Wading Through Electronic Stuff

OK, you're a leader of an organization, group, department, team...doesn't matter. You're inundated. You don't know what to look at first, and then there's voice mail on top of it all.

How are you supposed to lead when you're bombarded with all this stuff?

In today's Management tip from Harvard Business Publishing, Peter Bregman talks about two lists you should look at every morning. There is some great stuff in this article but there are other things to keep in mind...

People look at priorities and goals. There is a third category that might not fit into the first two and that's pressures. If there's a pressure that's not an organizational priority or a goal it still has to be dealt with and quickly. It's the last minute emergency, the hot issue or the glitch in a system. They aren't categorized but happen every day.

Yes, as Peter Bregman states we are inundated with electronic information. Our inboxes are overflowing, many try to keep up with Twitter, Facebook and LinkedIn not to mention other social media that is vying for your attention. As someone who wears many hats, Executive Coach, Advisor, Board VP, Teacher, Author and Writer, let me tell you I am not only inundated but had to make some key decisions as to what I needed to stay on top of.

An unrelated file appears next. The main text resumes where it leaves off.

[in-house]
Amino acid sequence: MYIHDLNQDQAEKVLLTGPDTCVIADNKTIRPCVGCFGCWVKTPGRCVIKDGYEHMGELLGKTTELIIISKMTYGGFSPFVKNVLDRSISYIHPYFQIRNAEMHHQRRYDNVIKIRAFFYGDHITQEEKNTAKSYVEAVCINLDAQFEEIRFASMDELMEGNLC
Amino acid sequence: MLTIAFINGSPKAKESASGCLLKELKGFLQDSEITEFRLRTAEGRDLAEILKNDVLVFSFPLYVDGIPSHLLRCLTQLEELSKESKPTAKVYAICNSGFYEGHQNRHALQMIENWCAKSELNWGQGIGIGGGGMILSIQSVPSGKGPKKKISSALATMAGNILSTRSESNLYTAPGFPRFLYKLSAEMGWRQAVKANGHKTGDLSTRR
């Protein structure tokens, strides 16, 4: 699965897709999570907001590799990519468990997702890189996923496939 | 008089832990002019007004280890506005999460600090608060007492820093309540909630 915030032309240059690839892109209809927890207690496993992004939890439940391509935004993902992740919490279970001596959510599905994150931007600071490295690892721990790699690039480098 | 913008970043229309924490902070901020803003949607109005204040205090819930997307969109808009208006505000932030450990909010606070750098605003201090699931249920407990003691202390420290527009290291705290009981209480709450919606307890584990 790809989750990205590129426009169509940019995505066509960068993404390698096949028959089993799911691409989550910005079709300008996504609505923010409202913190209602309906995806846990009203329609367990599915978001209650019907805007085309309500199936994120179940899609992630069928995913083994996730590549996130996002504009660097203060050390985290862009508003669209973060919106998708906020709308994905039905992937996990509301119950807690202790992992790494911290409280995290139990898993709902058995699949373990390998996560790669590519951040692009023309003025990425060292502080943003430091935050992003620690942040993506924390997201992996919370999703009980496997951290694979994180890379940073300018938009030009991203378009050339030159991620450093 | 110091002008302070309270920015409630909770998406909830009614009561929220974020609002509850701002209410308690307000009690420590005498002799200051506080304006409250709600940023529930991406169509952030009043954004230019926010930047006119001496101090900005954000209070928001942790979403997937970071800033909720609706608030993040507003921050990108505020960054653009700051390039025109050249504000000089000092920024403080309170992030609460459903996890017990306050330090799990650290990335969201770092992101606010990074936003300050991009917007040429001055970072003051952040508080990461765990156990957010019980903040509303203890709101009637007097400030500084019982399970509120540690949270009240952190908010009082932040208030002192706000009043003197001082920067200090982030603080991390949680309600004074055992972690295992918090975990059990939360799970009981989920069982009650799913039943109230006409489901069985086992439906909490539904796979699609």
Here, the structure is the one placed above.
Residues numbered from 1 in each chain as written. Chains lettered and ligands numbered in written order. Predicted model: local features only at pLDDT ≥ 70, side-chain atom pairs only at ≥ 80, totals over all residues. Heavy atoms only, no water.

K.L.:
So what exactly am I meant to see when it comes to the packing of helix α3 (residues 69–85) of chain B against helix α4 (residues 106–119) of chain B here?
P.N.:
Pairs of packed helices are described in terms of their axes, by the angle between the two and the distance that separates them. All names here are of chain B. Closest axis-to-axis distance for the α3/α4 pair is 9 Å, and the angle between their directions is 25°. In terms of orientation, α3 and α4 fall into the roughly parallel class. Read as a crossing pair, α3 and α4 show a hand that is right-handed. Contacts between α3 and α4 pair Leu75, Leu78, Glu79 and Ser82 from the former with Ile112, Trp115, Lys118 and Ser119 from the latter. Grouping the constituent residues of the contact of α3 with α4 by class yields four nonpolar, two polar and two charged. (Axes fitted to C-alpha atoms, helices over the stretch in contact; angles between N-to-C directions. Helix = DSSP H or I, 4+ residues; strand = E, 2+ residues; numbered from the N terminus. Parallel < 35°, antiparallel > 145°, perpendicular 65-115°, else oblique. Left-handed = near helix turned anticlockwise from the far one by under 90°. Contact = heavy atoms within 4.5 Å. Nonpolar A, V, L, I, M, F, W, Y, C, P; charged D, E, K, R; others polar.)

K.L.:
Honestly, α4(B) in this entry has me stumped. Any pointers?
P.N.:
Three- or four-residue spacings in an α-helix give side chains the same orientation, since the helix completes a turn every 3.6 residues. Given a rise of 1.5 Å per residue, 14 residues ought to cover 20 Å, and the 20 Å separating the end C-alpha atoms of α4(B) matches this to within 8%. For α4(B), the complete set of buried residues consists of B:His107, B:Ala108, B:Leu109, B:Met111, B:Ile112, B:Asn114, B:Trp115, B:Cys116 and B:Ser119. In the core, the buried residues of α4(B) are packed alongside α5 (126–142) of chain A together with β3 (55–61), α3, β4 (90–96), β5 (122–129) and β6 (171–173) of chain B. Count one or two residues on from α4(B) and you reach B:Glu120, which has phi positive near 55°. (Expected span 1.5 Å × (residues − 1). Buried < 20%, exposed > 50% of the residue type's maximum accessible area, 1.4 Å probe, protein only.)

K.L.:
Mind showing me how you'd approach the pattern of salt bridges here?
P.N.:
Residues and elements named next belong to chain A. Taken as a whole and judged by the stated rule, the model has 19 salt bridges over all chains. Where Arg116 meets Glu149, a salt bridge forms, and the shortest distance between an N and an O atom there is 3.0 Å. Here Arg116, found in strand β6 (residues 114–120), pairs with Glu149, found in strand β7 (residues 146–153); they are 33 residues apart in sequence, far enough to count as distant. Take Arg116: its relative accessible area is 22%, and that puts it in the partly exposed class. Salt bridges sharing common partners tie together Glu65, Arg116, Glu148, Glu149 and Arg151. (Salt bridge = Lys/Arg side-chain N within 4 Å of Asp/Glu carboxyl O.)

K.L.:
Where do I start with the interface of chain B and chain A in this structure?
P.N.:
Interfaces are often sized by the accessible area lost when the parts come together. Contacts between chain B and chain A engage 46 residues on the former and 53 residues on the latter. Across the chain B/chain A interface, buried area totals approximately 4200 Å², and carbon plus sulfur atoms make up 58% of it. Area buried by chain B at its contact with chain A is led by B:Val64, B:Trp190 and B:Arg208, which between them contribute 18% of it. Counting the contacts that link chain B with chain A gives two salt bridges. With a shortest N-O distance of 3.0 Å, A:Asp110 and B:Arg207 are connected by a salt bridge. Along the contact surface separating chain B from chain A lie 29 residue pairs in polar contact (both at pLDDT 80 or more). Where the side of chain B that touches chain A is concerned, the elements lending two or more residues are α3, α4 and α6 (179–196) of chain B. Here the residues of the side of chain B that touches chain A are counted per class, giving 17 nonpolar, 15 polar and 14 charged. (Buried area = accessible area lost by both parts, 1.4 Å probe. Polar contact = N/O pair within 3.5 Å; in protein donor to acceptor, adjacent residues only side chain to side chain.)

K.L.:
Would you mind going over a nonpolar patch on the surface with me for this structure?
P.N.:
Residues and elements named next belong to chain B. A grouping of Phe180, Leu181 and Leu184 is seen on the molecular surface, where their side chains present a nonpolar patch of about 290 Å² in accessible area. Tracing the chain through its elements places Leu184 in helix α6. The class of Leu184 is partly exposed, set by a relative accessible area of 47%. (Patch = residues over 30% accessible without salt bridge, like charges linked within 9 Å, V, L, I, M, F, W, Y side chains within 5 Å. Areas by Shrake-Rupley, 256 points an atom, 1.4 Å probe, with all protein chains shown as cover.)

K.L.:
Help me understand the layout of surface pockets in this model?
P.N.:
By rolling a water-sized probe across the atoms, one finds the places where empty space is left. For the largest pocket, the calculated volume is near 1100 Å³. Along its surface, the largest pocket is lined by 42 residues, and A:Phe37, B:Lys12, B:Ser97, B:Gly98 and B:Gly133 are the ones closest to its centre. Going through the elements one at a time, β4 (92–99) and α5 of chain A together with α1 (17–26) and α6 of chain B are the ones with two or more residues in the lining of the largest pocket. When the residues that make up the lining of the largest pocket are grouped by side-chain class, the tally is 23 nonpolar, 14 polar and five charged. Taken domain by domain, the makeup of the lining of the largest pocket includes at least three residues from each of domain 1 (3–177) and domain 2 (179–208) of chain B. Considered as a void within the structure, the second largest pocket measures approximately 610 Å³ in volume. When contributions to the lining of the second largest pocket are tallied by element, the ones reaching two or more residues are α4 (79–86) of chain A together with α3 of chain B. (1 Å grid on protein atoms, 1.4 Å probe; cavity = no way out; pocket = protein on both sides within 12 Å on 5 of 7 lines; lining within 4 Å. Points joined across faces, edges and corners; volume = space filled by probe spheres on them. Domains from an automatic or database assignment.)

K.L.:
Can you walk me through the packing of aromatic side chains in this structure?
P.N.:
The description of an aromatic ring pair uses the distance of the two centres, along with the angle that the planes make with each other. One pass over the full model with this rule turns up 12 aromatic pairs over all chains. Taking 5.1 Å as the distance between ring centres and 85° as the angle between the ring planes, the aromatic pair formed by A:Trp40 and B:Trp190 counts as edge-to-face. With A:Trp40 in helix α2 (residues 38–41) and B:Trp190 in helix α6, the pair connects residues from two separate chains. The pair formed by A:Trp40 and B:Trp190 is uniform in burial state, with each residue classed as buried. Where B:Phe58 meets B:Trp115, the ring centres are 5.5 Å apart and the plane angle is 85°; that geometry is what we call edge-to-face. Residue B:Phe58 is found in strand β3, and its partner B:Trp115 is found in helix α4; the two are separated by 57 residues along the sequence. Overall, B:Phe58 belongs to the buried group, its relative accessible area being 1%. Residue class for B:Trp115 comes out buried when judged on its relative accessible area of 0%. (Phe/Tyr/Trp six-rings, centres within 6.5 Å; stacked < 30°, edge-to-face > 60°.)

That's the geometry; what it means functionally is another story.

First choice was to get off Twitter and fast. Within 2 days I had over 2,500 people following me and emailing me. Why exactly? And why did I want to wade through all that email it generated? so I'm off. Facebook and LinkedIn were the two I chose to keep current with as it gave me and my clients through me, value. That's what it's all about. If I have to take 2 hours to wade through Tweets by who knows who, that is not the best use of my time. Leaders now have staffers monitoring social media. Decide what you need to be on top of and what you need to drop and now. If it doesn't serve you, your organization, staff or clients then drop it. The value has to outweigh the time spent on these services.  Then see how they tie in with your four levels of categories 1) Pressures & Priorities 2) Pressures 3) Priorities 4) Goals

In a perfect world whatever you're doing will be all 4. So make it as perfect as you can, schedule in your emergencies and evolve through time spent. Leaders make choices that serve themselves and others.  Just because things are popular, doesn't mean they're relevant.

Donna Karlin, President and Founder A Better Perspective, Executive and Political Leadership Coaching

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